"The NDAP adopted the principles in the WHO's global action plan. The national plan, set on three major elements, is proposed to focus on the most urgent actions to make much-needed progress for people with dementia and the health system."

ADFM shared that the NDAP's vision is to ensure effective, comprehensive, affordable, accessible, sustainable dementia care, rehabilitation and supportive services across the country to enable people with dementia to live with dignity and respect.

Its goals are to provide an inclusive dementia-friendly environment that ensures the quality of life of persons living with dementia, their carers and families, thus, reducing its impact on communities and the country, the foundation said.

While its principles are based on person-directed and person-centred; comprehensive; integrated; equity and evidence-based and best practices.

ADI, meanwhile, described Malaysia's NDAP, which is in development as "promising". 

WHY IS IT IMPORTANT FOR COUNTRIES TO HAVE NDAP?

ADI reported that 35 new national dementia plans are needed annually to reach the WHO target of 146 countries (75 per cent) by 2025. 

However, ADI said in many other nations, those who have plans have not funded them, creating once again empty promises and blunt tools.

With only three years left before the deadline to meet the targets of the WHO's global action plan, ADI said it is urging governments to take action now to be prepared for the imminent increase of dementia cases.

Investing in a national plan early can have cost-saving impacts in the future where examples include delaying onset or delaying and avoiding acute hospitalisation or residential care admittance, the group said. 

In the case of emerging treatments, the positive impact of enabling people with dementia and their carers to remain in work ensures they can continue making a positive societal and economic contribution, ADI added. 

"Tackling dementia now for some nations is like climbing Mount Everest - there is so much to do, but all nations need to start somewhere," Barbarino said.

"Time is running out to implement national dementia plans that will help us all cope with the oncoming wave of dementia cases," she said. 

Barbarino stressed that implementing a national dementia plan is a government's best tool for preparing for this looming global health crisis.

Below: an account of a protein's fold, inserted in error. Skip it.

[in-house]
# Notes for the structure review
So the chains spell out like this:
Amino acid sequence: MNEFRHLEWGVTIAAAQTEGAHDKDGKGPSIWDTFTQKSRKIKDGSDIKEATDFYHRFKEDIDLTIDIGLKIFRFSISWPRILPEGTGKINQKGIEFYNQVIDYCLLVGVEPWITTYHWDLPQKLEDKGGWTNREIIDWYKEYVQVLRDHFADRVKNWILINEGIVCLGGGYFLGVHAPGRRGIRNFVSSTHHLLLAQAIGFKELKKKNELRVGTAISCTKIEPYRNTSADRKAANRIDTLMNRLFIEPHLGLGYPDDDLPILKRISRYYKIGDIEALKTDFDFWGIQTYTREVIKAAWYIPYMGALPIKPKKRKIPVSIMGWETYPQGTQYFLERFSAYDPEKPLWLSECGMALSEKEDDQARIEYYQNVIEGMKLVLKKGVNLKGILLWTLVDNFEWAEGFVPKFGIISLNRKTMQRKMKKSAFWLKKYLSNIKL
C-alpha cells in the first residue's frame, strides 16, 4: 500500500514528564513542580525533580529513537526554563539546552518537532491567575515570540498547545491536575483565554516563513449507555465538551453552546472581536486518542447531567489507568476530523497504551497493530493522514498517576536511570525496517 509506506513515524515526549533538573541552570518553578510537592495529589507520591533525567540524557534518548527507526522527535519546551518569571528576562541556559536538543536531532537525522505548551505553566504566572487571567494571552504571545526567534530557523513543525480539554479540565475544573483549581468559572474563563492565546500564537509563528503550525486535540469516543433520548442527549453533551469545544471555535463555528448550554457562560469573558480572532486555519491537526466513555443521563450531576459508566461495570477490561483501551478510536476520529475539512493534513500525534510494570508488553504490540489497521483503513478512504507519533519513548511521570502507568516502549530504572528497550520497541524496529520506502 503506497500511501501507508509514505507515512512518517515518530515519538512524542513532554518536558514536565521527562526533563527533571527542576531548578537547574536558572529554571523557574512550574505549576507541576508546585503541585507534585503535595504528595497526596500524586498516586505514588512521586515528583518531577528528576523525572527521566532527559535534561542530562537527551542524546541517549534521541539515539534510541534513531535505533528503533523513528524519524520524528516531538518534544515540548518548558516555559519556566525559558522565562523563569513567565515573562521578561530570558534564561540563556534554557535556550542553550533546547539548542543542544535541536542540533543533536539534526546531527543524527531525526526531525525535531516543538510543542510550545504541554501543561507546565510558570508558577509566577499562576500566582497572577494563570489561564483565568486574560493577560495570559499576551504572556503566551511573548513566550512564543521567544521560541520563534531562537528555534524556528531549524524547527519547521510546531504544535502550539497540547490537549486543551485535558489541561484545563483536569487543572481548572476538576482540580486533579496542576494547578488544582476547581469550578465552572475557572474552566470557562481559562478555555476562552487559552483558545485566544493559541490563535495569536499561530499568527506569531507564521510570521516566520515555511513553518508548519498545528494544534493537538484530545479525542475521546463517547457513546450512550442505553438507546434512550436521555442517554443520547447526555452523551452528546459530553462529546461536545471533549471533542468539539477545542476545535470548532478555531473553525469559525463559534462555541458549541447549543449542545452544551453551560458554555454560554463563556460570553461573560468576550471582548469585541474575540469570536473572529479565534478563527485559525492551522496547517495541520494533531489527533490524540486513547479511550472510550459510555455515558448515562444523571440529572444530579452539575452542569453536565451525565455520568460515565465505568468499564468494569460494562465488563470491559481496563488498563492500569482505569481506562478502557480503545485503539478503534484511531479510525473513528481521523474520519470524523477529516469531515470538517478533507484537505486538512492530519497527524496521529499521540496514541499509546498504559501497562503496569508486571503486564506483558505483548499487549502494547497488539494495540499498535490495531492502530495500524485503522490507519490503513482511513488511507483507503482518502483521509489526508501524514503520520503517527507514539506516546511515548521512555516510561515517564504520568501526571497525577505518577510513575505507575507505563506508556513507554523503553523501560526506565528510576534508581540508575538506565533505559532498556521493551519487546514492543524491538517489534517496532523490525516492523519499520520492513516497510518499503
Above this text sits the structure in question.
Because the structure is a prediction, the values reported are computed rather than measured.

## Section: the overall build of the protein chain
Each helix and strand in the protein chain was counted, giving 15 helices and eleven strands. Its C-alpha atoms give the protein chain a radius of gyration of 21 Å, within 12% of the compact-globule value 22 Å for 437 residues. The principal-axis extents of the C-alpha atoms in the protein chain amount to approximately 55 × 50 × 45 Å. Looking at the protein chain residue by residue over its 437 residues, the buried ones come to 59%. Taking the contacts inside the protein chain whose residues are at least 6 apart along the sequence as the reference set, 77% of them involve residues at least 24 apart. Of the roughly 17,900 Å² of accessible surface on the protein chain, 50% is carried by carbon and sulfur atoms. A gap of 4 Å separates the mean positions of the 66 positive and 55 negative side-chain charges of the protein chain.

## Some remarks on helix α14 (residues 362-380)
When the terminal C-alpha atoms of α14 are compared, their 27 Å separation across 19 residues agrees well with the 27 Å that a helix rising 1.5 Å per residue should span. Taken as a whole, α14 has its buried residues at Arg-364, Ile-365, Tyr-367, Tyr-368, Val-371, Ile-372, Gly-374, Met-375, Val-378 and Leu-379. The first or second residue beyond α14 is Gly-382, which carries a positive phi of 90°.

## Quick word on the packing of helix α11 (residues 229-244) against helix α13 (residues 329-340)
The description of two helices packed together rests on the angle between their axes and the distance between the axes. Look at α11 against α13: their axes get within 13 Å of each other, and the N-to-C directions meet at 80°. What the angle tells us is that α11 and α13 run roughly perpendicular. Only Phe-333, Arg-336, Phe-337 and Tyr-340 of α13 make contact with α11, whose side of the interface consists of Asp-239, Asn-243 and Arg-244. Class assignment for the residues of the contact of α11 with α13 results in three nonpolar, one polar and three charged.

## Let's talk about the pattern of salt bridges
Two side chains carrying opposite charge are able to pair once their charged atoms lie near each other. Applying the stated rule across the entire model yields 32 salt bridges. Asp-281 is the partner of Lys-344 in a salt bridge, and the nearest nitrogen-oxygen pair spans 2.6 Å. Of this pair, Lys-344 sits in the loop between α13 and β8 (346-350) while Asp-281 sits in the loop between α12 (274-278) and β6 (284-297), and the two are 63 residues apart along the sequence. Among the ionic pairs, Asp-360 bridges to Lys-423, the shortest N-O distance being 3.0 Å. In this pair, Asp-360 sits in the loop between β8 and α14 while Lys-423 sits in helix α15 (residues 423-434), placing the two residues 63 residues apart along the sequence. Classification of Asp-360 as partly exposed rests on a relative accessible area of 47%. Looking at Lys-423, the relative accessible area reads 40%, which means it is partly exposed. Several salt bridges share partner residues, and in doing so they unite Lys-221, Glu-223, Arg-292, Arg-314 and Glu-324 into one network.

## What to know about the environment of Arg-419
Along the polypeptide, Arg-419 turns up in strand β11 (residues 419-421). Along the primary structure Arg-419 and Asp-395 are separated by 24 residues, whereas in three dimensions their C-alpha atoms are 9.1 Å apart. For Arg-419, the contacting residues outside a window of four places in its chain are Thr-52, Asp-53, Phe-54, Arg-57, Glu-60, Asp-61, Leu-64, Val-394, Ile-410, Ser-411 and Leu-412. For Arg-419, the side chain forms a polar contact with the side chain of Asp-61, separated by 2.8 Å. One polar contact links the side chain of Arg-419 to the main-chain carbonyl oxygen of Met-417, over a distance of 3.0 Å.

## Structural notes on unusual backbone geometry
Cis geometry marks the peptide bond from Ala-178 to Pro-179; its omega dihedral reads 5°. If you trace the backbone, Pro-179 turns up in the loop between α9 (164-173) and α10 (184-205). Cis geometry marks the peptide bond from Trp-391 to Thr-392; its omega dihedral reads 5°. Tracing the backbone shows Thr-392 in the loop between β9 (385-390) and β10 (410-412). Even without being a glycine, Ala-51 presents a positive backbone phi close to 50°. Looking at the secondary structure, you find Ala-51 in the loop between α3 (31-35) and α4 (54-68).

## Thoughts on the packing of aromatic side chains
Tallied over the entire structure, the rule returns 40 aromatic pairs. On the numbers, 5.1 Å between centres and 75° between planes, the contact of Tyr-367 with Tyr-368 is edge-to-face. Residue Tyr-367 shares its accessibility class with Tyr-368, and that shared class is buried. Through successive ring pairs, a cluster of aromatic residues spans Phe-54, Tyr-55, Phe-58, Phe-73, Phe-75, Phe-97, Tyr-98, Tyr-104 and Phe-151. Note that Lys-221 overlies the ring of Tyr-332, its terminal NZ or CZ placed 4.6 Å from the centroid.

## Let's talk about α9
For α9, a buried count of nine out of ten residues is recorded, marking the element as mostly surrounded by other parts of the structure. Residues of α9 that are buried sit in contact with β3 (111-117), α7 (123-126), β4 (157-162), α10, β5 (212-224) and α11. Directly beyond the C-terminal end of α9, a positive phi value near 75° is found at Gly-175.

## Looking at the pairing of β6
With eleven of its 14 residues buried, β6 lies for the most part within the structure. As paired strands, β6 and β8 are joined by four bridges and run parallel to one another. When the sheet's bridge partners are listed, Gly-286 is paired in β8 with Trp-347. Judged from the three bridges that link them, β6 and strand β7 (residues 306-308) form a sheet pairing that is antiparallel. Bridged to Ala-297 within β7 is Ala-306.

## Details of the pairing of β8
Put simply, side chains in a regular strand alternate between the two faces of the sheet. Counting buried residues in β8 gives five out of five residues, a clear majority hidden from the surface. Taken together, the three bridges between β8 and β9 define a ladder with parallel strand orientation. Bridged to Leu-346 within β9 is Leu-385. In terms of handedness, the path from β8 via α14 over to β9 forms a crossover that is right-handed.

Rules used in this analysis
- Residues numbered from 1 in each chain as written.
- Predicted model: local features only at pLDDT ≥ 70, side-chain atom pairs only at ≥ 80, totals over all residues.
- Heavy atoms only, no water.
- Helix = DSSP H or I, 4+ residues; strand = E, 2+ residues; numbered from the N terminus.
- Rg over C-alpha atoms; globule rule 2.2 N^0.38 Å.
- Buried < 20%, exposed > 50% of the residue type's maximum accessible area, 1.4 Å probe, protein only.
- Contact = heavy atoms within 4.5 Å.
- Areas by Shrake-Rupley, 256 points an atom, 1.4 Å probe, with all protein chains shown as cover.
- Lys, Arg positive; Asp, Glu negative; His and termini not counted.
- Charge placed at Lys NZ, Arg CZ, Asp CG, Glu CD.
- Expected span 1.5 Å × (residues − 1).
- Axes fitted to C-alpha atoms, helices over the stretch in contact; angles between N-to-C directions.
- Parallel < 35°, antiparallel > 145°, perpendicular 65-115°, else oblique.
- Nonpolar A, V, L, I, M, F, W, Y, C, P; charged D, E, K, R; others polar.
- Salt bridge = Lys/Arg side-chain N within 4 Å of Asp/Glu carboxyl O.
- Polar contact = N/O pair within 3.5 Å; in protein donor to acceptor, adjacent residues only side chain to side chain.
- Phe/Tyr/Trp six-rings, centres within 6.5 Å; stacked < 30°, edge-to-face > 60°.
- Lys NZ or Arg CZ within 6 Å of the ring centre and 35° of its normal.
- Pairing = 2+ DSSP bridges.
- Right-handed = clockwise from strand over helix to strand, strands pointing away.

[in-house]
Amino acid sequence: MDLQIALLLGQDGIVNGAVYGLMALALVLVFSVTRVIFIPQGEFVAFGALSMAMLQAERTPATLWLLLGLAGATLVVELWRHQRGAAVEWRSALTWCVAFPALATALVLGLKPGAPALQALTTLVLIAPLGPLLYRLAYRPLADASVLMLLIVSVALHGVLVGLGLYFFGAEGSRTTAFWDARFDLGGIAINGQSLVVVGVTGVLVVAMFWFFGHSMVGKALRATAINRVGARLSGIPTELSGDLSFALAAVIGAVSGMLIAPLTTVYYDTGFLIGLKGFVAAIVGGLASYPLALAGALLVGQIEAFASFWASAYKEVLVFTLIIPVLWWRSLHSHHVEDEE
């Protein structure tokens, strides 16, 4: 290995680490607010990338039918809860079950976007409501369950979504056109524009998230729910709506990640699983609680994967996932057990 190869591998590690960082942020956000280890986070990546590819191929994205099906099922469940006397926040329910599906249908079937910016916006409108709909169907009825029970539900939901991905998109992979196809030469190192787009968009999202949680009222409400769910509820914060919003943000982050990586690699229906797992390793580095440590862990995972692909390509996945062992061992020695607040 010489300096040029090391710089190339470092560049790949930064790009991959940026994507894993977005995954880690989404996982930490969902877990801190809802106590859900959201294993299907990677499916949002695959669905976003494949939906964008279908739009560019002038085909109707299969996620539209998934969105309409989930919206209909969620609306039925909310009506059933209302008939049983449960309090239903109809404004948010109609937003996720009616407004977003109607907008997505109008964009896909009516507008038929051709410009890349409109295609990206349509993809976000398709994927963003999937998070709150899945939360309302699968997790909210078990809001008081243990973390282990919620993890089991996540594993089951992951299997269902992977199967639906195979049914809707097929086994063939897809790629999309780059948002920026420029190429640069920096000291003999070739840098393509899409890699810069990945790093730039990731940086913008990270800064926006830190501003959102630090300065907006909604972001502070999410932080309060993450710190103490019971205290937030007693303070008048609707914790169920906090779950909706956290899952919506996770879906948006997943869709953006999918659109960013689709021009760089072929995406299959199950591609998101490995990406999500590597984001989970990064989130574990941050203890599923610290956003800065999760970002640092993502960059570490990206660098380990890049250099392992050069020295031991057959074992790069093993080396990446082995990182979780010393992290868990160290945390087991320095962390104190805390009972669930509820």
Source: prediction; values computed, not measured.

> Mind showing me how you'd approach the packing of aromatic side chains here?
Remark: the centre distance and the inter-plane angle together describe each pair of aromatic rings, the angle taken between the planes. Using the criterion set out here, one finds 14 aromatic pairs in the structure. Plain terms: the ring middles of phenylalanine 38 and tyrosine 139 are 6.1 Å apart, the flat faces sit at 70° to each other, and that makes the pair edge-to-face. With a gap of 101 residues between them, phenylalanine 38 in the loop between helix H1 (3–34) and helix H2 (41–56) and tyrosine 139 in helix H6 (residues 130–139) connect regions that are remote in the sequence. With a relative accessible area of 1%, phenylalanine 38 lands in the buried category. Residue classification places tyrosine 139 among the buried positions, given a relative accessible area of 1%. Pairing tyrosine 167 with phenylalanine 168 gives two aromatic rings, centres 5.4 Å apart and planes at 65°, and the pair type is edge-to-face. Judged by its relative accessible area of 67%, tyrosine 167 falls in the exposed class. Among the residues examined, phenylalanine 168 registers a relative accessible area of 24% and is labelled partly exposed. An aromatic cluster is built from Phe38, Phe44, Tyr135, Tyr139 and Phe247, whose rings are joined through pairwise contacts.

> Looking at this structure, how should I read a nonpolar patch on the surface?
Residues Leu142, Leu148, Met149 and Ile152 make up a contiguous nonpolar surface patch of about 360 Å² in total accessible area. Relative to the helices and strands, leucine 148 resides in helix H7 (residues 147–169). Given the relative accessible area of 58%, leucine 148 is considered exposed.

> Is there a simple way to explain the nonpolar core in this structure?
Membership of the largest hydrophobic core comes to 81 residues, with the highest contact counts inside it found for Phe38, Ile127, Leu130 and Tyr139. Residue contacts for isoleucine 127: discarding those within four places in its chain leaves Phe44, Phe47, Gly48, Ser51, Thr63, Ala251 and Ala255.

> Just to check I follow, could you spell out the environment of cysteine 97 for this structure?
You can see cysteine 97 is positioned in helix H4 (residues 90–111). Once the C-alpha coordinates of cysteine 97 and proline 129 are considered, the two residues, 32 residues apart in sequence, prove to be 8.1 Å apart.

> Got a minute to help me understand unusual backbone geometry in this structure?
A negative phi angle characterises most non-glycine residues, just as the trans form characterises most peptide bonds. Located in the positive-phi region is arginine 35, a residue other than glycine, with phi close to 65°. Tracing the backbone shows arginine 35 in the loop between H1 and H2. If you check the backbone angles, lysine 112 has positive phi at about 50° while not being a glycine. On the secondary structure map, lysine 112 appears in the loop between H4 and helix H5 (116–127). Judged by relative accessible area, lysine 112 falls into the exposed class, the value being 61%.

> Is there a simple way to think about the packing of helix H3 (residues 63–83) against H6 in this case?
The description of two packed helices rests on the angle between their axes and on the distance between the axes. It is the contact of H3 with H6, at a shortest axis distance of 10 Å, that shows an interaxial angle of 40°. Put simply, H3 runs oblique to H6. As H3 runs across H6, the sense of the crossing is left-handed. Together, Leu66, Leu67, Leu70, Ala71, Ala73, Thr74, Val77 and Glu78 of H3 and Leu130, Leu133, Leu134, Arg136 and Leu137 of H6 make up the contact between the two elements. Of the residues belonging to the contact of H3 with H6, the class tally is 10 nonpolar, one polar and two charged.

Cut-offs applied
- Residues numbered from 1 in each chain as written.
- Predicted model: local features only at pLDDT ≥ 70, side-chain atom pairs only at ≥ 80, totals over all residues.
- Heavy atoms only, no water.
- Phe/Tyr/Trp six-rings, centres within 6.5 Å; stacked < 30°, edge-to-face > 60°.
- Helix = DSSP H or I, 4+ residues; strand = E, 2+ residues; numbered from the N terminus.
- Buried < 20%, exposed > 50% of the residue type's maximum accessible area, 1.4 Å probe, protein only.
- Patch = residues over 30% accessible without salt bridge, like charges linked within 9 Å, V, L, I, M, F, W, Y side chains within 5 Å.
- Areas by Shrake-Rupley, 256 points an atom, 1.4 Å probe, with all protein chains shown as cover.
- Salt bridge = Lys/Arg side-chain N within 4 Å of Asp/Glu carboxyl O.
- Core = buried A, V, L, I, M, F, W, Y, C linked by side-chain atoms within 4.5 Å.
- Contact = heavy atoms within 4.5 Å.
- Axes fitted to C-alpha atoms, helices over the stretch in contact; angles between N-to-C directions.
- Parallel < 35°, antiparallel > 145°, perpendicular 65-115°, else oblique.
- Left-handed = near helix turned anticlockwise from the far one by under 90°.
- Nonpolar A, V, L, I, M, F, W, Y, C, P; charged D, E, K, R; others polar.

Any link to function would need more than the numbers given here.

"So, for the 155 WHO Member States yet to follow through on their 2017 commitment, we ask – what's your plan? We must act now to minimise the impact of dementia later.

"Continued inaction now will lead to much greater health, care and societal challenges in managing dementia later. Governments must have robust strategies in place, to save healthcare systems from being overwhelmed."

CAN DEMENTIA BE PREVENTED?

ADFM said while there is no certain way to prevent all types of dementia, there is good evidence that a healthy lifestyle can help reduce risk of developing dementia when people are older. 

"Don't smoke. Stay at a healthy weight. Get plenty of exercise. Eat healthy food. Manage health problems including diabetes, high blood pressure, and high cholesterol.

"Stay mentally alert by learning new hobbies, reading, or solving crossword puzzles. Stay involved socially and attend community activities or support groups."

According to ADFM, the existing legislations and laws in Malaysia such as the Power of Attorney Act 1949 and Mental Health Act 2001 are not of sufficient scope or detail to fully protect the lives and rights of older adults, especially those with dementia.

Greater awareness and society inclusion are two key drivers to help the person with dementia to live a dignified and quality life, ADFM added.

"These drivers will inspire understanding and acceptance of an important and debilitating disease; trigger recognition of dementia as a rapid growing health and socioeconomic concern in a rapidly ageing Malaysia; and provide opportunities for open dialogue and exchange of ideas, information and resources regarding the disease.

"It would also promote investment in dementia treatment, support and research; dispel stigma, myths and fears regarding the disease; encourage people living with dementia and their caregivers to come forward and seek professional help and support at the earliest possible stages; and encourage the formation of dementia-friendly environment in various segments of society."